SIA to supplement funding for prestigious international affairs fellowships

UNIVERSITY PARK, Pa. -- The Penn State School of International Affairs is pleased to announce a new policy to support and empower leading students of international affairs.

SIA will supplement funds, up to the level of full tuition and living expenses for two years, provided by three of the United States' most prestigious international affairs graduate fellowships: the Thomas R. Pickering Graduate Foreign Affairs Fellowship and Charles B. Rangel Graduate Fellowship programs administered by the U.S. State Department, and the Donald M. Payne International Development Graduate Fellowship Program administered by the U.S. Agency of International Development (USAID).

“We are excited to offer these generous resources to the recipients of these competitive fellowships, who represent our nation’s best and brightest and the future of international affairs,” said SIA Director Scott Gartner. “Being able to support these outstanding students will help SIA further their academic and professional success, and affirms our commitment to preparing exceptional students to make a positive difference in the world.”

In addition, this new policy also supports SIA’s commitment to diversity, as both the Rangel and Payne fellowships are awarded to members of minority groups historically underrepresented in the critically important fields of international diplomacy and development.

The Pickering and Rangel fellowships support students who plan on entering the U.S. Department of State Foreign Service to represent American interests abroad, while the Rangel fellowship supports students who plan to pursue careers in international development with USAID. Given these fellowships’ connections to leading agencies in the field of international affairs, SIA’s commitment to these fellows also reflects an ongoing commitment to student’s professional development, reflected in the program’s career success rate of over 95 percent for SIA graduates.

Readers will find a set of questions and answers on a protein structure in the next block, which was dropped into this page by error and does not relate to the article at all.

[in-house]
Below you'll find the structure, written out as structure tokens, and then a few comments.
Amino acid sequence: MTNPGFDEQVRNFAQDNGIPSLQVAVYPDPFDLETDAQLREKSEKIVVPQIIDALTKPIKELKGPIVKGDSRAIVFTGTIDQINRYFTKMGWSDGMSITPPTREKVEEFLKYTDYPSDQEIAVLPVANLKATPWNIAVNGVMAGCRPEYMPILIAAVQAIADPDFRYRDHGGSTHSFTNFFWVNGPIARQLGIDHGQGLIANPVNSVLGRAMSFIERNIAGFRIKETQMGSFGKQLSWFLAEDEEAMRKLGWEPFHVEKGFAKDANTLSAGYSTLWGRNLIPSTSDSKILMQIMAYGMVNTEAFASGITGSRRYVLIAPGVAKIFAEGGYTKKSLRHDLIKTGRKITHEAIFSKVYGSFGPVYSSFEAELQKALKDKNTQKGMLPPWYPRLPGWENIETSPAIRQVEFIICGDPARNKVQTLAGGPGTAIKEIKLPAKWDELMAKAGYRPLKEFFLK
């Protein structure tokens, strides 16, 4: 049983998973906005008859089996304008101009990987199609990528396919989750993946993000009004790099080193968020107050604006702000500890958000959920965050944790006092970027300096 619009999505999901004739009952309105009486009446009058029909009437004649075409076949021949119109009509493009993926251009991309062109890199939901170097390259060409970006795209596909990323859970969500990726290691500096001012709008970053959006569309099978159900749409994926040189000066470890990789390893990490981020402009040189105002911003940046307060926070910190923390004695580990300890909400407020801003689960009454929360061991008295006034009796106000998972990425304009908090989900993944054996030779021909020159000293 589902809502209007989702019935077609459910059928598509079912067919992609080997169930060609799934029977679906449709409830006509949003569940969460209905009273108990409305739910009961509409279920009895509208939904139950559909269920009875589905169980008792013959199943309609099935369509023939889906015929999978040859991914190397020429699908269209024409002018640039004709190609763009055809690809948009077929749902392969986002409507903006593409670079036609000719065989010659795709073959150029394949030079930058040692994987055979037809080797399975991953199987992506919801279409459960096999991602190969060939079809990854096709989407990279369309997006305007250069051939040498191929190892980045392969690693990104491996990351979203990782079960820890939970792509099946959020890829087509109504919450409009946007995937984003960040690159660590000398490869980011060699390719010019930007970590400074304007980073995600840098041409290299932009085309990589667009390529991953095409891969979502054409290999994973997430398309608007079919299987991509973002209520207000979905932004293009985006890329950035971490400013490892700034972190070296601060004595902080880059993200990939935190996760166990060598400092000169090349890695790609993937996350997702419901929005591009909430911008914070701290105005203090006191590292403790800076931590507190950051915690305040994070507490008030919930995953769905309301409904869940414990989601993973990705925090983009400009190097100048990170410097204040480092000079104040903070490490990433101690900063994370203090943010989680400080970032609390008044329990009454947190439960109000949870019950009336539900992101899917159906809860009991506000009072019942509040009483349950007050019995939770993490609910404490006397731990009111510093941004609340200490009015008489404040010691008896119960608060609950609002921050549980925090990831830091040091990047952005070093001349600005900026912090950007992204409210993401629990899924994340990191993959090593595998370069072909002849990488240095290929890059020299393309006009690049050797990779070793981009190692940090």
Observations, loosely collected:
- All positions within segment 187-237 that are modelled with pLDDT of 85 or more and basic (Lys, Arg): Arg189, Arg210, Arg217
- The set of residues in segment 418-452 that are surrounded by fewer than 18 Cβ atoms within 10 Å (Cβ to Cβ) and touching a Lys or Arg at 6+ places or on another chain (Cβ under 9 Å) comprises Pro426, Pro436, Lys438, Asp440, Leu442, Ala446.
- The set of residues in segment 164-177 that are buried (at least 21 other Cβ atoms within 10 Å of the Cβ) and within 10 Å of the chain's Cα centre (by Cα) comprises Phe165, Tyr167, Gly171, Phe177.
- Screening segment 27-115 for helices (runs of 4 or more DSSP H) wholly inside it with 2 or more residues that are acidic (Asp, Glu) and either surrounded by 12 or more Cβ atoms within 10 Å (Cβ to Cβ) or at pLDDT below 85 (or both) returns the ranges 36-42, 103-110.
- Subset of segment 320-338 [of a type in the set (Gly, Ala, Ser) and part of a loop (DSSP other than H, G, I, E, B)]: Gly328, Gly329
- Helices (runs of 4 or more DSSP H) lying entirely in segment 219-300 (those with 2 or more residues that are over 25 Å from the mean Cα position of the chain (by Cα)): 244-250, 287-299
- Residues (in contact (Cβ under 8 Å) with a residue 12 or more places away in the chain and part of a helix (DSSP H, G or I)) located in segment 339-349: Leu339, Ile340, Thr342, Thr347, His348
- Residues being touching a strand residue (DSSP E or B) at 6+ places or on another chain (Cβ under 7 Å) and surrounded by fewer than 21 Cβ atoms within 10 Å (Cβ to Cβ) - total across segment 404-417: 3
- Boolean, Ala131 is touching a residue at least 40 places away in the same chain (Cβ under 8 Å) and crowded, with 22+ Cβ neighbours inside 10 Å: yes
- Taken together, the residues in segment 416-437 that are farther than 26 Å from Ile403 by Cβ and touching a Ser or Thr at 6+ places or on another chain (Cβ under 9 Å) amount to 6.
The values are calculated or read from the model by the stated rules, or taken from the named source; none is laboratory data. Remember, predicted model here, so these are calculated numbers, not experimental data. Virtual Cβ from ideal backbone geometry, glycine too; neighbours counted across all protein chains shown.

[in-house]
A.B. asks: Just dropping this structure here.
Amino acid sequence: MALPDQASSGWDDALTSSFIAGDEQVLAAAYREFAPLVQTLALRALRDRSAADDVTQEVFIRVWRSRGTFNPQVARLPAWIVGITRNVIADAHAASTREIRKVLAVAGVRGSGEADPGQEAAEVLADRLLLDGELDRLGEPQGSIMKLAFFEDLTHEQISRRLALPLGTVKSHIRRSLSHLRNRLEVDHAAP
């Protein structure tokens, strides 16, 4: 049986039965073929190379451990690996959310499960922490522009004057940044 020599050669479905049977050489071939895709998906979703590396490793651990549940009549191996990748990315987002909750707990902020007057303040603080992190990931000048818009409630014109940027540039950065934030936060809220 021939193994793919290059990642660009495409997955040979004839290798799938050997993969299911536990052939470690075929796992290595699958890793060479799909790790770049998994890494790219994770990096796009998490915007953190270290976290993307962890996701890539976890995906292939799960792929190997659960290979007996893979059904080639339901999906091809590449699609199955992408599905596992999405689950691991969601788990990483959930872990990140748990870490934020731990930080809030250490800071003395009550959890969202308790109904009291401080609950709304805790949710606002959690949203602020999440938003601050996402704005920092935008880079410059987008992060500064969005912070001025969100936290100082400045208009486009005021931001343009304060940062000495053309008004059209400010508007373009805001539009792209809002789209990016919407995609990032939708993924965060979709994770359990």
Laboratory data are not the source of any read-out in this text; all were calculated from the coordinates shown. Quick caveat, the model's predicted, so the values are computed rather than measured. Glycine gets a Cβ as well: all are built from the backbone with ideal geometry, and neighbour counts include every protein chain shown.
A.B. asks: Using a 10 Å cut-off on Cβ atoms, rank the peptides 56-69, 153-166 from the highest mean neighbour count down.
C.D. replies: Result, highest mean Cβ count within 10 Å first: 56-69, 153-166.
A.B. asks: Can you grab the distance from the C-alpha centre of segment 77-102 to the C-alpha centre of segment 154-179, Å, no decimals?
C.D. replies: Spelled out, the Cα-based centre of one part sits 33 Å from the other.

SIA’s policy to supplement Pickering Fellowship recipients coincides with a visit to campus from the fellowship’s namesake, former U.S. Ambassador Thomas J. Pickering, who will deliver a public lecture on the United States’ contentious relationship with Russia and lead the school’s annual diplomatic simulation co-hosted by the Army War College on October 13. Pickering is one of the most-highly decorated career diplomats in recent history, having served over more than forty years in the U.S. Foreign Service as ambassador to Russia, India, the United Nations, Israel, El Salvador, Nigeria, and Jordan over the course of four decades. He also served as the Under Secretary of State for Political Affairs from 1997 to 200, and holds the rank Career Ambassador—the highest in the U.S. Foreign Service.

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